16335-17 Houghton v The Daily Telegraph

Decision: No breach - after investigation

Decision of the Complaints Committee 16335-17 Houghton v The Daily Telegraph

Summary of Complaint

1. Roger Houghton complained to the Independent Press Standards Organisation that The Daily Telegraph breached Clause 1 (Accuracy) of the Editors’ Code of Practice in an article headlined “Let inferno victims occupy empty homes, says Corbyn”, published in print on 18 June 2017, and online headlined “Jeremy Corbyn calls on supporters to 'occupy' empty homes to help victims of Grenfell fire tragedy”.

2. The article reported on comments which Jeremy Corbyn had made during a television interview following the Grenfell Tower tragedy. The article reported that “The Labour leader has said ministers must do more to find homes for the families who lost everything in the devastating blaze”. The article reported that when asked by the interviewer what he would do with vacant properties in London, specifically if he would “seize it forever, or just take it for as long as they’re needed”, Mr Corbyn had replied: “Occupy, compulsory purchase it, requisition it, there’s a lot of things you can do”. The online article said that Jeremy Corbyn had “called on his supporters to ‘occupy’ empty buildings to find homes for victims of the Grenfell Tower fire” and contained a 46 second video clip of the interview.

3. The complainant said that Mr Corbyn had not called on his supporters to occupy empty homes, he had been stating what government action should be taken.

4. The newspaper said that the article had set out verbatim the exchange between Jeremy Corbyn and the interviewer, and the online article had included a video of the interview so that readers would been able to see Mr Corbyn’s comments in their full context. It noted that there was no clear and unambiguous meaning to Mr Corbyn’s comments, therefore any interpretation of his views was necessarily subjective.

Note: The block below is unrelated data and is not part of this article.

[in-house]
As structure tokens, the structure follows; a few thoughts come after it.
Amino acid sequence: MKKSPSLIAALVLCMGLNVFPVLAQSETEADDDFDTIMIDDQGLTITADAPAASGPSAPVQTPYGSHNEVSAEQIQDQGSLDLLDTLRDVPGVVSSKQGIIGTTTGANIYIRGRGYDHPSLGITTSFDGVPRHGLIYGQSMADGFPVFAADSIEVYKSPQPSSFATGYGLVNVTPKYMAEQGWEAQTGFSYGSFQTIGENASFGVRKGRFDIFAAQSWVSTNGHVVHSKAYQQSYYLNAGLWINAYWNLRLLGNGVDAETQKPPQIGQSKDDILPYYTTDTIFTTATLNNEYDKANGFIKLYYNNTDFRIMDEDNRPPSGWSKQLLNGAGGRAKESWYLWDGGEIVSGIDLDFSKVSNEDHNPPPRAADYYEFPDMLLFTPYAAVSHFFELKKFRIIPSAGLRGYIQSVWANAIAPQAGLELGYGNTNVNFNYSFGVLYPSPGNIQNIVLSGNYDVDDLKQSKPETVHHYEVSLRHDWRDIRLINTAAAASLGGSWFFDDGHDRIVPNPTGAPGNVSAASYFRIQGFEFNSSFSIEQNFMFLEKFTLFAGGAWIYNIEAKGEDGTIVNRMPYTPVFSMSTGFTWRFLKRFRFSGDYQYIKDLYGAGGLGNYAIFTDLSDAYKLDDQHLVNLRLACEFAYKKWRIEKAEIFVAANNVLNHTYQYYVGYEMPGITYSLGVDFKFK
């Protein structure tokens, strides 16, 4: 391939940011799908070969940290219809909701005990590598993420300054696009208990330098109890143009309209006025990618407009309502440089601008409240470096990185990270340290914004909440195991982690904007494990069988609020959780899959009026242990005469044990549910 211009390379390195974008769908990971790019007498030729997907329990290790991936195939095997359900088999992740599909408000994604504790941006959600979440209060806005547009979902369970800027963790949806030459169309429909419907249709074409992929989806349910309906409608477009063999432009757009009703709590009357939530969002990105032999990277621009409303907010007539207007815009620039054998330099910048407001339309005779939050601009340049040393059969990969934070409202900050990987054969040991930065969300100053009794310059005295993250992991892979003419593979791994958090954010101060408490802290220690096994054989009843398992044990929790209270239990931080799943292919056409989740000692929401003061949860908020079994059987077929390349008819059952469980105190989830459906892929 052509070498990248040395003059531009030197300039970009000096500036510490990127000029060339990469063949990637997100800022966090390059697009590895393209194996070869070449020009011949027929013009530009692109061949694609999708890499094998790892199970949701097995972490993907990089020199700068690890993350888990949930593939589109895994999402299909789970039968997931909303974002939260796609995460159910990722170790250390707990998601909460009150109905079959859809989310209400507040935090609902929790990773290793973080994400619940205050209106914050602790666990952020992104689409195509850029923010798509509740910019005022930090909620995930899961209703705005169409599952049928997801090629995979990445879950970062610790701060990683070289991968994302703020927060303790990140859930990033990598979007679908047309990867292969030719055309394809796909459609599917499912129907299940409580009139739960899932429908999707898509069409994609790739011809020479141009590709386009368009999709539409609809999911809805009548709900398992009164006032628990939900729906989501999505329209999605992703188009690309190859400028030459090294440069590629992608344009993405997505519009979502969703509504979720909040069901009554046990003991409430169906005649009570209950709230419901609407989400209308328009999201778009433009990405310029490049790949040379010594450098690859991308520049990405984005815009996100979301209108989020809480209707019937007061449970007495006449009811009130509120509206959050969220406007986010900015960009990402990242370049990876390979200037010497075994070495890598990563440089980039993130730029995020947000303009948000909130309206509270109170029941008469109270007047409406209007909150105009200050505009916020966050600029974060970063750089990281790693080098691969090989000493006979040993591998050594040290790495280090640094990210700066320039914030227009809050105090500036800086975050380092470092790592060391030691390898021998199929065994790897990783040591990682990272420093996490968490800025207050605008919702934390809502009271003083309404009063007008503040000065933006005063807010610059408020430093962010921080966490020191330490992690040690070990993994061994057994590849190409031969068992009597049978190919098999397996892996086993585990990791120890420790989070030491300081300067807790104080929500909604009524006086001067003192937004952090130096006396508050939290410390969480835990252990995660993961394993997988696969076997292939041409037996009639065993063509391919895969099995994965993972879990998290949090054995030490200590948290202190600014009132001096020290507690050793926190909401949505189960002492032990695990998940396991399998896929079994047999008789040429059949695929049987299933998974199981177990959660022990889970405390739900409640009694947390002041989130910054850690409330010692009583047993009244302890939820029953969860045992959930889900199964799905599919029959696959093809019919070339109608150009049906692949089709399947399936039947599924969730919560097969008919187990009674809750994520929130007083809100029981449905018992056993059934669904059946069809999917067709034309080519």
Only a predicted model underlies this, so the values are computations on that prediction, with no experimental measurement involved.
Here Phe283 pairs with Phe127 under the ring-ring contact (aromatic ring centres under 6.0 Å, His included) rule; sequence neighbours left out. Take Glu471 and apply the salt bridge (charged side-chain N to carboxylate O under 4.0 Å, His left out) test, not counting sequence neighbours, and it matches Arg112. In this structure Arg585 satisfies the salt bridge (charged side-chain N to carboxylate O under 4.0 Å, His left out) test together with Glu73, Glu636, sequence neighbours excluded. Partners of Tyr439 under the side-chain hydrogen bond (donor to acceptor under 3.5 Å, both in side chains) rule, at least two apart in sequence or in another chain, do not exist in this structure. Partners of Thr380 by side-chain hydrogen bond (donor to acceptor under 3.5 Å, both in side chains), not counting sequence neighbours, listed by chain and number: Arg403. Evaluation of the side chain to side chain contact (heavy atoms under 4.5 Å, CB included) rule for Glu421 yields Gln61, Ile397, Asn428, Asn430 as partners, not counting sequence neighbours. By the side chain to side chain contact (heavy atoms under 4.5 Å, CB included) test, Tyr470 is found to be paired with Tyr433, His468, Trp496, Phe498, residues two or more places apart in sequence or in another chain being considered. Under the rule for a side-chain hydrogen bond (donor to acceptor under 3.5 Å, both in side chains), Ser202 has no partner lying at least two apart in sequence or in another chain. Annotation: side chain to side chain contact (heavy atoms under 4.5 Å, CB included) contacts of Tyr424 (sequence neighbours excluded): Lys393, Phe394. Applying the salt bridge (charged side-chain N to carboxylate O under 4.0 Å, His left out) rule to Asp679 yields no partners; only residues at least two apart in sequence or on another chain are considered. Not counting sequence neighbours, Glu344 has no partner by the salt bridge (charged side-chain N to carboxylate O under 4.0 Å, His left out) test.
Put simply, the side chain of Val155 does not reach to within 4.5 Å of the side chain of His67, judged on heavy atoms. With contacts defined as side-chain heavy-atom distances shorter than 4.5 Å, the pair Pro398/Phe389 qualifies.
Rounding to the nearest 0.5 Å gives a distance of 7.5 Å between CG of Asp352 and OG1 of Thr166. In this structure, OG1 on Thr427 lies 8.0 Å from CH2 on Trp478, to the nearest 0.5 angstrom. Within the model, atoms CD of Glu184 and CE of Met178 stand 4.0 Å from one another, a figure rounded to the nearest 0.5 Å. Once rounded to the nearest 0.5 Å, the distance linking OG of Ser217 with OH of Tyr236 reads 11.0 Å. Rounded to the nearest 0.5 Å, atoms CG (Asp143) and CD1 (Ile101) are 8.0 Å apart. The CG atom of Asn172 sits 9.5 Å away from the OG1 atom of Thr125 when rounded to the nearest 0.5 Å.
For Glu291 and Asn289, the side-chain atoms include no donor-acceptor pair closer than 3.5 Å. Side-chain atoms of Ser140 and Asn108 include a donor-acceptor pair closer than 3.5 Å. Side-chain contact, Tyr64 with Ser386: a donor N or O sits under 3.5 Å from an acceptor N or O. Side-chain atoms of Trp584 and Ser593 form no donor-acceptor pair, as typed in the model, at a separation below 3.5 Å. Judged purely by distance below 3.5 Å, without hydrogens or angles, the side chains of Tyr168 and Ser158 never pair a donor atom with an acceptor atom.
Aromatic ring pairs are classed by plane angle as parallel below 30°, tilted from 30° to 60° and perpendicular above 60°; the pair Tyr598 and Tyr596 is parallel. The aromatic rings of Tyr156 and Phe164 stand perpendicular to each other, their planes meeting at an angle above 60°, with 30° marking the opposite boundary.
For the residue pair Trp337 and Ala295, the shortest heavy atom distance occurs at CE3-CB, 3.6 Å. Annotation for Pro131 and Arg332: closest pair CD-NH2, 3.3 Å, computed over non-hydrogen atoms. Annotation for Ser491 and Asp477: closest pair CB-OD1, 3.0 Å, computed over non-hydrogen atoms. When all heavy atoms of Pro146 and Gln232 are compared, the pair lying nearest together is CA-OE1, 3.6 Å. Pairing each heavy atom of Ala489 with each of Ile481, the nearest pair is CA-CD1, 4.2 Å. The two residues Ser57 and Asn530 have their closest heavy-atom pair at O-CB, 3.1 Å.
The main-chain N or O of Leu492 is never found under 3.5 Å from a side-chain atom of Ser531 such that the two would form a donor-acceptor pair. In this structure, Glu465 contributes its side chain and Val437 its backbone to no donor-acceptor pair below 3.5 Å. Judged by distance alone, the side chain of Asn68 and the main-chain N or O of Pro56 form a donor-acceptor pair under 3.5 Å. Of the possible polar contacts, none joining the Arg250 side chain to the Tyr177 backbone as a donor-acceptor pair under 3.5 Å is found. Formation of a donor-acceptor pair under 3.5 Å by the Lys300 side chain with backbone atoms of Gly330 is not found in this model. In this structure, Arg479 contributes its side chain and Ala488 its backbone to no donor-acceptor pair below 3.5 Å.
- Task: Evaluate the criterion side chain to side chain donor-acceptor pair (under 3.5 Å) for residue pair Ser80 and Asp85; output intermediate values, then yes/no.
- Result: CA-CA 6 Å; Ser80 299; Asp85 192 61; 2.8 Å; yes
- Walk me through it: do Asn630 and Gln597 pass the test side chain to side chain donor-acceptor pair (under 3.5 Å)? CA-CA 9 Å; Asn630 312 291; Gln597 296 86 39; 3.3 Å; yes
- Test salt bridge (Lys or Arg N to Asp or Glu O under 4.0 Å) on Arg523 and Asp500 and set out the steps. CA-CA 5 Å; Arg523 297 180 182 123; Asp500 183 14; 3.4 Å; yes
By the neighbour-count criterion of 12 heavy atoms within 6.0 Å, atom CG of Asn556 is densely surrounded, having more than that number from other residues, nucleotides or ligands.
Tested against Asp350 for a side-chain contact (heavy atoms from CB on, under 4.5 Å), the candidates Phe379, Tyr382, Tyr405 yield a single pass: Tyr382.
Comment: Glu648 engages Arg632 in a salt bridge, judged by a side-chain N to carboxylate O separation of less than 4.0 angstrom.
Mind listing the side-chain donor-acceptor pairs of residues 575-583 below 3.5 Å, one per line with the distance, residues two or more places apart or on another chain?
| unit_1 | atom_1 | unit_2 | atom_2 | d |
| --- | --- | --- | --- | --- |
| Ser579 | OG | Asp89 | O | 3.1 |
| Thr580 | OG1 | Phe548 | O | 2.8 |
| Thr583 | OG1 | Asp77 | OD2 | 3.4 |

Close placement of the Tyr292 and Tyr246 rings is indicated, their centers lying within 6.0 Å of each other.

5. The newspaper said that the meaning which it had attached to the Mr Corbyn’s comments were reasonable: the term ‘occupy’ refers to illegal action by individuals, and given that it would be reasonable to assume that only Mr Corbyn’s supporters would agree with his position, it followed that no call to 'occupy' the properties could or would be relevant to any other group.

Relevant Code provisions

6. Clause 1 (Accuracy)

(i) The Press must take care not to publish inaccurate, misleading or distorted information or images, including headlines not supported by the text.

(ii) A significant inaccuracy, misleading statement or distortion must be corrected, promptly and with due prominence, and — where appropriate — an apology published. In cases involving IPSO, due prominence should be as required by the regulator.

(iii) A fair opportunity to reply to significant inaccuracies should be given, when reasonably called for.

(iv) The Press, while free to editorialise and campaign, must distinguish clearly between comment, conjecture and fact.

Findings of the Committee

7. The article had set out the question which the interviewer had asked of Mr. Corbyn in full, as well as Mr Corbyn’s response, and the online article had also contained a video clip of the exchange: this had enabled readers to understand Mr. Corbyn’s comments in their full context.

8. The Committee noted that the complainant considered that Mr. Corbyn had been explaining action the government, rather than his supporters, should take. However the newspaper had quoted his words in full and was entitled to provide its interpretation of them. The Committee noted the complainant’s position that Mr Corbyn had not specified that his supporters should take this action. However, in the political context of his comments, the headline was not a significantly misleading representation of what Mr Corbyn had said. There was no breach of Clause 1.


9. The complaint was not upheld

Remedial Action Required

10. N/A

Date complaint received: 25/06/2017
decision issued: 01/09/2017  

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